• We had 6 pet monolith servers
  • We had 2 hostnames
    • api, used by integrations and other services
    • ingest, used by critical flow traffic
  • Both hostnames pointed to the same 6 servers

This gave me a self-selecting feature break to phase in kubernetes.

api switchover

We started with the api hostname, as it would be more tolerant to failure. We started with weighted DNS directing 5% of traffic to k8s, 95% to the pets.[fn1]

After observing this configuration for a few weeks and performing additional tweaks, we elevated the mix to 75/25 and got stuck here for several months. Many of our problems here were mere instrumentation rather than issues with our software or with Kubernetes.

We solved this problem by changing the NEW_RELIC_APP_NAME variable for this deployment, allowing us to more readily separate out performance profiles between the pets and the k8s deployments. In fact, we wound up with the same software reporting as several different applications in New Relic. Once we did this, we were able to plainly see that performance in k8s was actually much better than we’d thought, and pulled the lever to move to 100% k8s.

ingest switchover

Moving ingest endpoints over was a much more arduous affair. This is our most critical traffic, the kind of business processes where our customers start blowing up our phones when things go wrong. As a result, we were much more conservative in migrating this traffic. The work here ran in parallel to the work on api, just at a slower pace.

Then something unexpected happened.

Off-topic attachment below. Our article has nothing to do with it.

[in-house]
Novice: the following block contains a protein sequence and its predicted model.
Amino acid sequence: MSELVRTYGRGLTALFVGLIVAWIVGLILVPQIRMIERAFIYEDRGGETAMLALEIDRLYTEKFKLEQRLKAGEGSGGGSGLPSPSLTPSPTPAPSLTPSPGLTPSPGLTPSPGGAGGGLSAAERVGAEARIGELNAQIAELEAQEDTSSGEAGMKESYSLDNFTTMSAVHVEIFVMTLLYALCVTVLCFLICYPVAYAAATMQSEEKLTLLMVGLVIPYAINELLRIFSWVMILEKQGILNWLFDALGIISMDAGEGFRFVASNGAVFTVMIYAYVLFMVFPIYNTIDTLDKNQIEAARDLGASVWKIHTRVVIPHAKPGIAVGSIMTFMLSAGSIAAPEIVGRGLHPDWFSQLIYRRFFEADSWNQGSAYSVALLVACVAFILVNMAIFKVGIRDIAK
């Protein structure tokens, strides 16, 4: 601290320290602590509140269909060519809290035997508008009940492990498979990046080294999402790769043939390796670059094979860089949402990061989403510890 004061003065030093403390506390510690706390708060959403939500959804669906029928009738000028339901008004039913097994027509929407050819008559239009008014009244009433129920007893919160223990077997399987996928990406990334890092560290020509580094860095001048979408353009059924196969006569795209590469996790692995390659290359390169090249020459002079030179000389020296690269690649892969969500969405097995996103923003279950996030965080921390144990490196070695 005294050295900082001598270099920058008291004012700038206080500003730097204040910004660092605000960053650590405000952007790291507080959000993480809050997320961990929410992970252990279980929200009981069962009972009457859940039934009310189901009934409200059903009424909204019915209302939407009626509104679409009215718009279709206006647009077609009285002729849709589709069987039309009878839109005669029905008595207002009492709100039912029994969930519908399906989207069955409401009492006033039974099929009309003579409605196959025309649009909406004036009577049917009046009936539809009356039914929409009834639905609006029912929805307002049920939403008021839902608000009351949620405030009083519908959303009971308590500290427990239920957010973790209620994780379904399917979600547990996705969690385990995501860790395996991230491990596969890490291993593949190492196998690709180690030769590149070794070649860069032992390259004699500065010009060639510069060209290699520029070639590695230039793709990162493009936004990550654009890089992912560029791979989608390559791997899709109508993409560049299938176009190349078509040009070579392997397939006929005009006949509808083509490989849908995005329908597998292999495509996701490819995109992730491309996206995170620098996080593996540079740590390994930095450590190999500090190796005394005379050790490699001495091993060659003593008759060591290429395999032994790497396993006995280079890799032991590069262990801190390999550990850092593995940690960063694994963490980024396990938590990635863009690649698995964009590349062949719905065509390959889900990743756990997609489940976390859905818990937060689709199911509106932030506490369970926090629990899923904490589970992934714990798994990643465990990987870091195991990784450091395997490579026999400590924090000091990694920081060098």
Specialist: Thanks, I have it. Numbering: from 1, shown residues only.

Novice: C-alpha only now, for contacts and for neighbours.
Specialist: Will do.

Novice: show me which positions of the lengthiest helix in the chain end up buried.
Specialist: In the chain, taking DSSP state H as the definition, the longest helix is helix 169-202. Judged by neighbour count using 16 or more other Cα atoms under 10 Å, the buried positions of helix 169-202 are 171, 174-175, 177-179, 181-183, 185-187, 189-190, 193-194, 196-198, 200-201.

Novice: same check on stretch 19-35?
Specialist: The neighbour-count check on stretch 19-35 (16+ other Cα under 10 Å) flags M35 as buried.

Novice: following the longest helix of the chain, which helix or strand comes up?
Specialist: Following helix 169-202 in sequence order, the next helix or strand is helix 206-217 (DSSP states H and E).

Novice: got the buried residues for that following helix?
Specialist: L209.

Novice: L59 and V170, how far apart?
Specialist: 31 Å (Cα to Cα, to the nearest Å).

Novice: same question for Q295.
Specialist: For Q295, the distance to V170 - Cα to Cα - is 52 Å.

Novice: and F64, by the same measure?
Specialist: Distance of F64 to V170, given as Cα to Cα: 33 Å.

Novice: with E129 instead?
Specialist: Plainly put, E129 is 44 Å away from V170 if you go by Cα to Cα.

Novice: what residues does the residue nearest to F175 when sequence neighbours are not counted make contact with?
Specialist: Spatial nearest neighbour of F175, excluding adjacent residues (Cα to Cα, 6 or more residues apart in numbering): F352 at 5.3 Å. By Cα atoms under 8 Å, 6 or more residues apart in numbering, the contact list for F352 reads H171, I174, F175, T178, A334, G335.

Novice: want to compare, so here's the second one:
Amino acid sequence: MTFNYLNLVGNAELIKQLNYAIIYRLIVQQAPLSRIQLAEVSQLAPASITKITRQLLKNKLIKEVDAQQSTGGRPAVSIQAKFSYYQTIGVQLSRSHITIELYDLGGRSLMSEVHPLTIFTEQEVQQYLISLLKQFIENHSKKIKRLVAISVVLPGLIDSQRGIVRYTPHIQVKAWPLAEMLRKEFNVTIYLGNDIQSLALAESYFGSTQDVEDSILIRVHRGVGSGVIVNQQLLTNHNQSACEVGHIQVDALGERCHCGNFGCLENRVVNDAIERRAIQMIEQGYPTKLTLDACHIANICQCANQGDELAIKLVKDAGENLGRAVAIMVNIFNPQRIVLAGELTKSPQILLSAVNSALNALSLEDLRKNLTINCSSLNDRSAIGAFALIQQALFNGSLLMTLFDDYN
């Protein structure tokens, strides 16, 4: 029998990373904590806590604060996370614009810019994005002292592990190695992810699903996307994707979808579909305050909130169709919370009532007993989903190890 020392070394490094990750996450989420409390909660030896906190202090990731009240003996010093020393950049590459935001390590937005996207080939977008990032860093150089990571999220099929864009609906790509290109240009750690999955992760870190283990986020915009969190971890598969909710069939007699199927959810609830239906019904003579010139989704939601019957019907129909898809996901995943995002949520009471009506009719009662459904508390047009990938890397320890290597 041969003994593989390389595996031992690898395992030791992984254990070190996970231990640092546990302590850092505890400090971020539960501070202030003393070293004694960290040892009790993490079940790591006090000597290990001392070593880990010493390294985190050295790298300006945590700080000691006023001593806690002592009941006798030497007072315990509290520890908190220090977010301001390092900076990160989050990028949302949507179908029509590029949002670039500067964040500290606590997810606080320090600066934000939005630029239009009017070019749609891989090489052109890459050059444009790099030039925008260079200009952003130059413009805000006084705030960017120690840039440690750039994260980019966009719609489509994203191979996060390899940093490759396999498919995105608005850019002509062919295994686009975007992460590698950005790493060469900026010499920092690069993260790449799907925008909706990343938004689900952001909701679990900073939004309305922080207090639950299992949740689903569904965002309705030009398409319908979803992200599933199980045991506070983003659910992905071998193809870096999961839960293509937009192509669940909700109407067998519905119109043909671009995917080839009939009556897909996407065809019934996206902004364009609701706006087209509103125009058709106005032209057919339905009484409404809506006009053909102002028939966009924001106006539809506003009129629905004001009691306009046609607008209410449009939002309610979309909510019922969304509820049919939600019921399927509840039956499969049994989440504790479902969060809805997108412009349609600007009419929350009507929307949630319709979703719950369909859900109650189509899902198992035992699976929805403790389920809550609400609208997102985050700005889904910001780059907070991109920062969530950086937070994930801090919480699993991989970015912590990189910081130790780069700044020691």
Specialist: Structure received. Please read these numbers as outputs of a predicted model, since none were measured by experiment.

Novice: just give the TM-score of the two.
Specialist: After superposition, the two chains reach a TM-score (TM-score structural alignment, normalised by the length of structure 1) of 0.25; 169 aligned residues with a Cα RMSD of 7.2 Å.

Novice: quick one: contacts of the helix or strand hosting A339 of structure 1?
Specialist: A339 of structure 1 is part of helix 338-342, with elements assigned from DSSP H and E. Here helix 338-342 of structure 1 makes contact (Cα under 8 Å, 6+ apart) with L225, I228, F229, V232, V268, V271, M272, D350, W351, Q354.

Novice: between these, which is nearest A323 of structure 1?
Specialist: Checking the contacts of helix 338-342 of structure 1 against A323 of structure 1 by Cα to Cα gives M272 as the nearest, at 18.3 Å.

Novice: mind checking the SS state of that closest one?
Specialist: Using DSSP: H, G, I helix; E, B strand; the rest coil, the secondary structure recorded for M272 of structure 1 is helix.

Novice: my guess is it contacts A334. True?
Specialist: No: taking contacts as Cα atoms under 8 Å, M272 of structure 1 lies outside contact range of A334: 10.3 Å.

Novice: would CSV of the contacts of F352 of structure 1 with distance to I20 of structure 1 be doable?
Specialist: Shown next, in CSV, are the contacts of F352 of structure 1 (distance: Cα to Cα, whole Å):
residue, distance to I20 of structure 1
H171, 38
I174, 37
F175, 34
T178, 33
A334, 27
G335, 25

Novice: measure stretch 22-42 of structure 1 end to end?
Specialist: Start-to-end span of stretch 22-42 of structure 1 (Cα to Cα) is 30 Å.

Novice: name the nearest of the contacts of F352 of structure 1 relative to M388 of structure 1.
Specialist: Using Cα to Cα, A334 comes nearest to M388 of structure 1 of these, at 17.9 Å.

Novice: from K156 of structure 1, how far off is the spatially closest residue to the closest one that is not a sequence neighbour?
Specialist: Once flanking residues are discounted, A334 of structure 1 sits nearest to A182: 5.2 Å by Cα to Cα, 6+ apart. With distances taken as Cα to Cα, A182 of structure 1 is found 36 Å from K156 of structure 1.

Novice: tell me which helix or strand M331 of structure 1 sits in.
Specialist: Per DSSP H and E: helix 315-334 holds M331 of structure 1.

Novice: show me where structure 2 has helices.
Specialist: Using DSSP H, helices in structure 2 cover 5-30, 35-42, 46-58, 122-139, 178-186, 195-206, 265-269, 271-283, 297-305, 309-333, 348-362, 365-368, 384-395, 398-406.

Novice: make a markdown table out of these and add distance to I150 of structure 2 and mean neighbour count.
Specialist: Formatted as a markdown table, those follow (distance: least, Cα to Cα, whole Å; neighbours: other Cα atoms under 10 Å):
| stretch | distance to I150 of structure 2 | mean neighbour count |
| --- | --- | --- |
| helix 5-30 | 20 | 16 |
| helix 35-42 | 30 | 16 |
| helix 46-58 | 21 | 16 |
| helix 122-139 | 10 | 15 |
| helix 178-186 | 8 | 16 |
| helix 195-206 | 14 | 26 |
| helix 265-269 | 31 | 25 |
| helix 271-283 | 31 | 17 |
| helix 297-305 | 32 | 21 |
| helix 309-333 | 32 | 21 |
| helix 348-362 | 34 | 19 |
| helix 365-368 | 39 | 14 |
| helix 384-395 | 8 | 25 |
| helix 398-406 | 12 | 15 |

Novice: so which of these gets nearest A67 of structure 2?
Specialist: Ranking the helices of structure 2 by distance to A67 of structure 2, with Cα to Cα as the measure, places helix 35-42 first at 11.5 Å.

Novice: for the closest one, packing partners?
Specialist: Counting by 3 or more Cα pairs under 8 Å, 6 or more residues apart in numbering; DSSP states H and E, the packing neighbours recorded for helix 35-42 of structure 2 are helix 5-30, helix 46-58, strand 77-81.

We had been talking about retiring the ingest hostname for quite some time and I lost track of the status of that initiative. Shortly after we reached a 50/50 mix on ingest, our tablet engineers shipped a version that implemented this change, and they did so in the run-up to a product launch expected to deliver significantly more traffic than we were accustomed to receiving.

In fact, in expectation of this launch, I had placed my entire team on-call for the day. As a result, we observed this delta between expectation and reality almost instantly. The k8s horizontal pod autoscaler kicked in and drove our api deployment up to its upper bound almost instantly.

We did some quick back-of-the-napkin math and wondered if we should drop api back to a mix with the pets, but ultimately decided to stay the course. Once the launch was over, we evaluated all available telemetry we had on the event and realized that we were safe to flip ingest over completely.

We entered the weekend with the original pet servers held in reserve, with Route53 healthchecks and failover configured to redirect traffic if anything hiccups in k8s. Being in Sports and Entertainment, our highest traffic-hours are typically mid-evening on a Saturday night, and we’ve had a string of record breaking Saturdays recently. Data Science reported that this weekend was projected to be a little lighter than usual, so we elected to stay the course yet again.

The 7 o’clock hour on Saturday, April 8, 2017, was not a little lighter than usual. It was our highest traffic-hour ever.

I posted this to Twitter the following morning before I got the full traffic results:

That is, indeed, a very pretty viz. The HPA once again kicked in and took care of business. Each block you see here represents a pod started to respond to traffic.

fn1: Please note that this doesn’t actually load balance the incoming traffic, but rather the DNS lookups. Because we have enterprise customers, there was some risk here that one very large customer would get k8s in the lookup and the traffic pattern would have been skewed beyond expectations. To whatever degree this happened, it did not affect our operations.

Using Vault to Secure Etcd, Kubernetes

The amazing folks over at DigitalOcean recently posted a blog article detailing their usage of Vault as a Certificate Authority for Kubernetes. I had previously been struggling for how and why to use Vault in my infrastructure, in part because I hadn’t taken the time to get my head around Vault’s metaphors. This article pushed me over the edge and imparted comprehension upon me.

The only problem is that it’s woefully short on actual implementation details.

Infrastructure Allergy